Glenn Greenwald does his usual brilliant job of analyzing the Supreme Court ruling in Citizens United. He punctures, as I attempted to do, the astonishingly overwrought arguments being used against the decision about how this is the coming of corporate fascism and now big business will have unlimited influence in politics — as if they didn’t already.
Here he makes essentially the same argument I made, only much more eloquently:
I’m also quite skeptical of the apocalyptic claims about how this decision will radically transform and subvert our democracy by empowering corporate control over the political process. My skepticism is due to one principal fact: I really don’t see how things can get much worse in that regard. The reality is that our political institutions are already completely beholden to and controlled by large corporate interests (Dick Durbin: “banks own” the Congress). Corporations find endless ways to circumvent current restrictions — their armies of PACs, lobbyists, media control, and revolving-door rewards flood Washington and currently ensure their stranglehold — and while this decision will make things marginally worse, I can’t imagine how it could worsen fundamentally. All of the hand-wringing sounds to me like someone expressing serious worry that a new law in North Korea will make the country more tyrannical. There’s not much room for our corporatist political system to get more corporatist. Does anyone believe that the ability of corporations to influence our political process was meaningfully limited before yesterday’s issuance of this ruling?
If you did believe that corporate influence was limited in any meaningful way earlier this week before this ruling, I’ve got a bridge to sell you. Does anyone really think that Monsanto or Dow Chemical or General Dynamics sat around during last year’s election thinking, “Boy, we’d really like to spend millions of dollars to influence this election and make sure that candidates that will do our bidding get elected, but it’s just so much trouble to set up a PAC or a 527 or give money to a chamber of commerce or an industry trade group, none of which have any limits on how much they can spend?”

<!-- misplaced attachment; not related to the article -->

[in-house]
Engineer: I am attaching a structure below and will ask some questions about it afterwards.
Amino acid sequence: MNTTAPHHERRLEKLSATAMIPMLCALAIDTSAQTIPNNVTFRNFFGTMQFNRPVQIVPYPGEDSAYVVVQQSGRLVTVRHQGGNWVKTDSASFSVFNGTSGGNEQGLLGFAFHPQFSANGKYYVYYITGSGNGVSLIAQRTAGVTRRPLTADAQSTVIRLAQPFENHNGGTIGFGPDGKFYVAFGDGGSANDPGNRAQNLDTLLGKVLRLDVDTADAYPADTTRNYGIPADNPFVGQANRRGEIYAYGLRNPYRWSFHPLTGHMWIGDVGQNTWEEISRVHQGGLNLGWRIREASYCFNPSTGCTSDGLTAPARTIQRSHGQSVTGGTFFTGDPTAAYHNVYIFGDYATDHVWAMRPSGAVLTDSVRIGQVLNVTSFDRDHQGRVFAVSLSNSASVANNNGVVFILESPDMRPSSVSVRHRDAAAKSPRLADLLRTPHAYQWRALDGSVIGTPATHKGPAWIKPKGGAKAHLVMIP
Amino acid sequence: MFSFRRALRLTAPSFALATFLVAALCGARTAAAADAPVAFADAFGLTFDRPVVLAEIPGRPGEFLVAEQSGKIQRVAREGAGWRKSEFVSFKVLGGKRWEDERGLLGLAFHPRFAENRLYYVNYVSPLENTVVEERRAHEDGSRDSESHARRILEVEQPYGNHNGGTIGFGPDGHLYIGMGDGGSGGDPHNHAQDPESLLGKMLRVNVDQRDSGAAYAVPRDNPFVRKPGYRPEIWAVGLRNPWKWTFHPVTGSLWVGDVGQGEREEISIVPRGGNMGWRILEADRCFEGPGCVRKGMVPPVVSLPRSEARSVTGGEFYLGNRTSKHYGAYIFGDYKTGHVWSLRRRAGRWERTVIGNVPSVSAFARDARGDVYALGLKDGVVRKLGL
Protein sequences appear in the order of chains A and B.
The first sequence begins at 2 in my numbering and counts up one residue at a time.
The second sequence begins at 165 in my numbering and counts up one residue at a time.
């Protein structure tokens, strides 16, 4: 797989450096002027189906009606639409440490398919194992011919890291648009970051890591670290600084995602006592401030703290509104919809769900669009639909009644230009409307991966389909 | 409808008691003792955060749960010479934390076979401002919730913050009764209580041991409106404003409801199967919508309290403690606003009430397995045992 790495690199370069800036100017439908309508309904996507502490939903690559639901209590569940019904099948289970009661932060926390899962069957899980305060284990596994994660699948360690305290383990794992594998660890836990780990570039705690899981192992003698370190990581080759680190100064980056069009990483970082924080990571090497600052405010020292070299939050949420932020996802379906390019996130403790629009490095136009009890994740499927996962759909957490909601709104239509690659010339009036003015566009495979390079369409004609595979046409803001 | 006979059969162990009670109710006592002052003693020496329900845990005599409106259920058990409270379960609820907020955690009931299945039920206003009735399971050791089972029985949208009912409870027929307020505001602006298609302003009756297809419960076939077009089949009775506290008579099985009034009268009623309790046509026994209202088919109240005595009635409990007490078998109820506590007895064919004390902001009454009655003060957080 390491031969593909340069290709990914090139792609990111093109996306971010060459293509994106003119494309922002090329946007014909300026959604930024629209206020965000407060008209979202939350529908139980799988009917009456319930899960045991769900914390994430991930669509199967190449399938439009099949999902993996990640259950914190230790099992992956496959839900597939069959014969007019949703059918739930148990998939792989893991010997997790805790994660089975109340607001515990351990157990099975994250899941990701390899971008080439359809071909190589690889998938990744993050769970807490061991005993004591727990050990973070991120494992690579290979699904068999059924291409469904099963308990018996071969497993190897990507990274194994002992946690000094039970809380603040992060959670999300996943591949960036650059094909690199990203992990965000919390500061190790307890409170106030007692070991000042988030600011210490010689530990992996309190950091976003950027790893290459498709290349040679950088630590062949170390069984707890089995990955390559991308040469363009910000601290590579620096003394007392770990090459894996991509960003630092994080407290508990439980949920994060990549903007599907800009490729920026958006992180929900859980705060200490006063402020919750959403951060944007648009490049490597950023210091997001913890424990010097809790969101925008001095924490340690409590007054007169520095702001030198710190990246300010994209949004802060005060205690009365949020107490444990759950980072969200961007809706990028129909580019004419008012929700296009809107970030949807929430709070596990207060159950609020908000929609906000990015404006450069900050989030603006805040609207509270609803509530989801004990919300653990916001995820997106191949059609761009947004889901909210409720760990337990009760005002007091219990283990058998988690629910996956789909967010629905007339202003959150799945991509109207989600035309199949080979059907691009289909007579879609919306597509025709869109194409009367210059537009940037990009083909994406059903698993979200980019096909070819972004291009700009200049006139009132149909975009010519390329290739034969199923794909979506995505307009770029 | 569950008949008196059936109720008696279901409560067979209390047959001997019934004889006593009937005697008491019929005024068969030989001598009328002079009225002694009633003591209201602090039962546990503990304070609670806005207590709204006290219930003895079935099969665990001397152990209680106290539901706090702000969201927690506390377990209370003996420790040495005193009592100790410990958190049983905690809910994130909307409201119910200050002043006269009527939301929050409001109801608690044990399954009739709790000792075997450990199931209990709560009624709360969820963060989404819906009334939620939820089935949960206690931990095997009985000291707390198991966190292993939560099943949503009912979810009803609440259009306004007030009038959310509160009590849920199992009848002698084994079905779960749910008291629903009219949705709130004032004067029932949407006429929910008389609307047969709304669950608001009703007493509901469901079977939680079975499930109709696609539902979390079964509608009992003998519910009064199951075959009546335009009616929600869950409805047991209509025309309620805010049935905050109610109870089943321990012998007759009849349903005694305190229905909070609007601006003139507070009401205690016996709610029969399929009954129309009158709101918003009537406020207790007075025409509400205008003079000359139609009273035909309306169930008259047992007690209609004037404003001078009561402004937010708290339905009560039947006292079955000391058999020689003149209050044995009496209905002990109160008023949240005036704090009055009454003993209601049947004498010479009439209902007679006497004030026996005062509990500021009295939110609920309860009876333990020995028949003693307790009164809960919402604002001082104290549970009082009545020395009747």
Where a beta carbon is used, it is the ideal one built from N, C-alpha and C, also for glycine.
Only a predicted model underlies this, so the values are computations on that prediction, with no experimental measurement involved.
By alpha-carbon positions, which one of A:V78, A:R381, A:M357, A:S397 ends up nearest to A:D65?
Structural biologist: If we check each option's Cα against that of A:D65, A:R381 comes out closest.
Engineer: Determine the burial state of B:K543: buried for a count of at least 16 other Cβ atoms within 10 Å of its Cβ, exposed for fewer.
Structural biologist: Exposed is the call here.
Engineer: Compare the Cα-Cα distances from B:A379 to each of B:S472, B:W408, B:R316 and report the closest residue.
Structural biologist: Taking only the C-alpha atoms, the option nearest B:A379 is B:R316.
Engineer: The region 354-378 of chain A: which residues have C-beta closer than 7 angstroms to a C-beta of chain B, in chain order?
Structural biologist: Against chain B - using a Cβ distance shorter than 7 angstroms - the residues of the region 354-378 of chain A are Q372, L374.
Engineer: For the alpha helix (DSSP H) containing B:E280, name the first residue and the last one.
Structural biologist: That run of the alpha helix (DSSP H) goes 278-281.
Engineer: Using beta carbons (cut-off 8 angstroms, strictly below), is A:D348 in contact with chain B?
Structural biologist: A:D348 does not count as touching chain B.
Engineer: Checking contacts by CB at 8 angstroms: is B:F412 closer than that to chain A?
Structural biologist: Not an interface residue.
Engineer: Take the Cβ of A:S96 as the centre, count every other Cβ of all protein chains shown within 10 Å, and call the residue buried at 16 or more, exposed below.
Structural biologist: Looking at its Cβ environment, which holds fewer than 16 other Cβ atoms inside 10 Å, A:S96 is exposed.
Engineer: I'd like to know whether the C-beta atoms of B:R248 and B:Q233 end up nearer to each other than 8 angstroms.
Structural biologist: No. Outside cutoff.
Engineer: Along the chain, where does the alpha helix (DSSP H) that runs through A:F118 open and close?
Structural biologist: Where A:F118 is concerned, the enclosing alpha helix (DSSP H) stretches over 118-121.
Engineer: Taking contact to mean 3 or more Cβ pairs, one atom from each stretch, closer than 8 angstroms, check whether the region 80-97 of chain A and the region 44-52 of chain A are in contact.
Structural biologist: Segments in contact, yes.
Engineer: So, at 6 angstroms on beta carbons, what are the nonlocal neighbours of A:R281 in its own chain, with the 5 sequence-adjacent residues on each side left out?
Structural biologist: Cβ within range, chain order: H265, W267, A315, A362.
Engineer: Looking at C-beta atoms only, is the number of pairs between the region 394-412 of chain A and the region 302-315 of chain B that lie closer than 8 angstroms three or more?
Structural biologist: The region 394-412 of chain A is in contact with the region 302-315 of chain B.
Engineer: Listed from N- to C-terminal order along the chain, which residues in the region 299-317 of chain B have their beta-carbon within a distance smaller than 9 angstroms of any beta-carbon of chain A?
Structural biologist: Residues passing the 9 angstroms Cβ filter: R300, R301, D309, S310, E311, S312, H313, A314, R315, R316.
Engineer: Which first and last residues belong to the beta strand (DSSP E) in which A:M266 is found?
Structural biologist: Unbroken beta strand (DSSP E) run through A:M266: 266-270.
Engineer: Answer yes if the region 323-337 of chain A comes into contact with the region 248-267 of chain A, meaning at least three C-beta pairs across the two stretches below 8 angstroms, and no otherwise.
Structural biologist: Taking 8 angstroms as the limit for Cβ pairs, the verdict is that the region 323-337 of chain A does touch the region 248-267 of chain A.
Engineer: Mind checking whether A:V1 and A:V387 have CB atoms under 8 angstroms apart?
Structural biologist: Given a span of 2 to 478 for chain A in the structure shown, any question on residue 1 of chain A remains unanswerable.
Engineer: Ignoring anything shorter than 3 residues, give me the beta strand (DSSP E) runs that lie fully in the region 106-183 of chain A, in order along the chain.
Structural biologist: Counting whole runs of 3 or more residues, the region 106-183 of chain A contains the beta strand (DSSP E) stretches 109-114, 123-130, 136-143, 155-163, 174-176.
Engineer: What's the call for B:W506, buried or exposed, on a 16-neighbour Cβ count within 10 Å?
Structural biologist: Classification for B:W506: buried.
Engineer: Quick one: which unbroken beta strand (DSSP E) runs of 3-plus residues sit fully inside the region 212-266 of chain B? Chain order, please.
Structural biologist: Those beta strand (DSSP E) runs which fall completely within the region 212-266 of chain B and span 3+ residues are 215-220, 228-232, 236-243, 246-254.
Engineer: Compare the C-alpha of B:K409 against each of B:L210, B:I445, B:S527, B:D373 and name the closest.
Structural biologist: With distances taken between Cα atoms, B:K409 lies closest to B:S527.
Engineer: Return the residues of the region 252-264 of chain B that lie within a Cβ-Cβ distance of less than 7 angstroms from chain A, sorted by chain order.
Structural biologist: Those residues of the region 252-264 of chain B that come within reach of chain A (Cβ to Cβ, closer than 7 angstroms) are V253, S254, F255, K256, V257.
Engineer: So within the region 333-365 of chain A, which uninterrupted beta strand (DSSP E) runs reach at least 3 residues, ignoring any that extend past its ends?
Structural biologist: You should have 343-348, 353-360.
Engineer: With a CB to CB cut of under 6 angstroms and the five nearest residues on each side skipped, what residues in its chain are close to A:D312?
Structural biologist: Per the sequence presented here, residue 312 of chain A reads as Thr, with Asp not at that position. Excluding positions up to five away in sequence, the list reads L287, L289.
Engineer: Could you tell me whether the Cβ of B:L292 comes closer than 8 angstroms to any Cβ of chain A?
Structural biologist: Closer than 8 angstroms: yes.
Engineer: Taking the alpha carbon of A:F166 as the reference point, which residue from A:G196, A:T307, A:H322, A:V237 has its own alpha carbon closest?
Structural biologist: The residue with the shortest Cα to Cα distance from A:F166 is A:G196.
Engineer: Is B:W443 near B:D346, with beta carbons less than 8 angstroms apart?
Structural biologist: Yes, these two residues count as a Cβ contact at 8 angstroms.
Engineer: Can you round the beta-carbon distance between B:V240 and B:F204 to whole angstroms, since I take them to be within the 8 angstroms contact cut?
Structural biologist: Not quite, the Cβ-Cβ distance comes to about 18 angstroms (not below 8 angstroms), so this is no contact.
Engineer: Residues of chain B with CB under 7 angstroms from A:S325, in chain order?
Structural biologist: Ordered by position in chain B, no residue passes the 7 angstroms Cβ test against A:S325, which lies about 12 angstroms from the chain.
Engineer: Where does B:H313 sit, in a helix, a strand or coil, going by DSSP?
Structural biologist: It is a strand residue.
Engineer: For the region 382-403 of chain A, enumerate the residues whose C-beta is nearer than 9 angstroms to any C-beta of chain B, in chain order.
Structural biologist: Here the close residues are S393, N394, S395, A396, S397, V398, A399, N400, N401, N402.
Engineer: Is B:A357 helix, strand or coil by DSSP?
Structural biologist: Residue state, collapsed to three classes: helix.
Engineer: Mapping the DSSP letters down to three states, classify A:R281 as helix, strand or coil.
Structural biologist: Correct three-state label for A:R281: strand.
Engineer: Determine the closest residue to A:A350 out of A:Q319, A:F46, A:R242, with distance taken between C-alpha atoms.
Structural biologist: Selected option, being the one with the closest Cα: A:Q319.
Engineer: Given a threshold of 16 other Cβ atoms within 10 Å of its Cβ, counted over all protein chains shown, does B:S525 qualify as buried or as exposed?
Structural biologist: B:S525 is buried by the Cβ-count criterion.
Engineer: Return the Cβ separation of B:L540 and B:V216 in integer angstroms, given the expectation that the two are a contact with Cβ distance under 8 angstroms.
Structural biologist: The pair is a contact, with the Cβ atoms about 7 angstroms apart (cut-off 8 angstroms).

Of course not. They did spend those millions of dollars on behalf of those candidates that will do their bidding, they just did it through a 527 called Americans for Clean Water and Fluffy Bunnies or Patriots for American Values. Bear in mind that all of those pro-corporate bills that passed during the Clinton and Bush years took place with all of those alleged restrictions in place.
The fact is that those laws were never intended to protect our legislators against the influence of corporate money; why in the world would those legislators who benefit from that money voluntarily kill the golden goose? No, those laws were only intended to give the illusion that Congress was preventing the influence of corporate money. It was a con from the start.
He also debunks the pragmatic political argument:
I’m even more unpersuaded by the argument — seen in today’s New York Times Editorial — that this decision will “ensure that Republican candidates will be at an enormous advantage in future elections.” What evidence is there for that? Over the past five years, corporate money has poured far more into the coffers of the Democratic Party than the GOP — and far more into Obama’s campaign coffers than McCain’s (especially from Wall Street). If anything, unlimited corporate money will be far more likely to strengthen incumbents than either of the two parties (and unlimited union spending, though dwarfed by corporate spending, will obviously benefit Democrats more).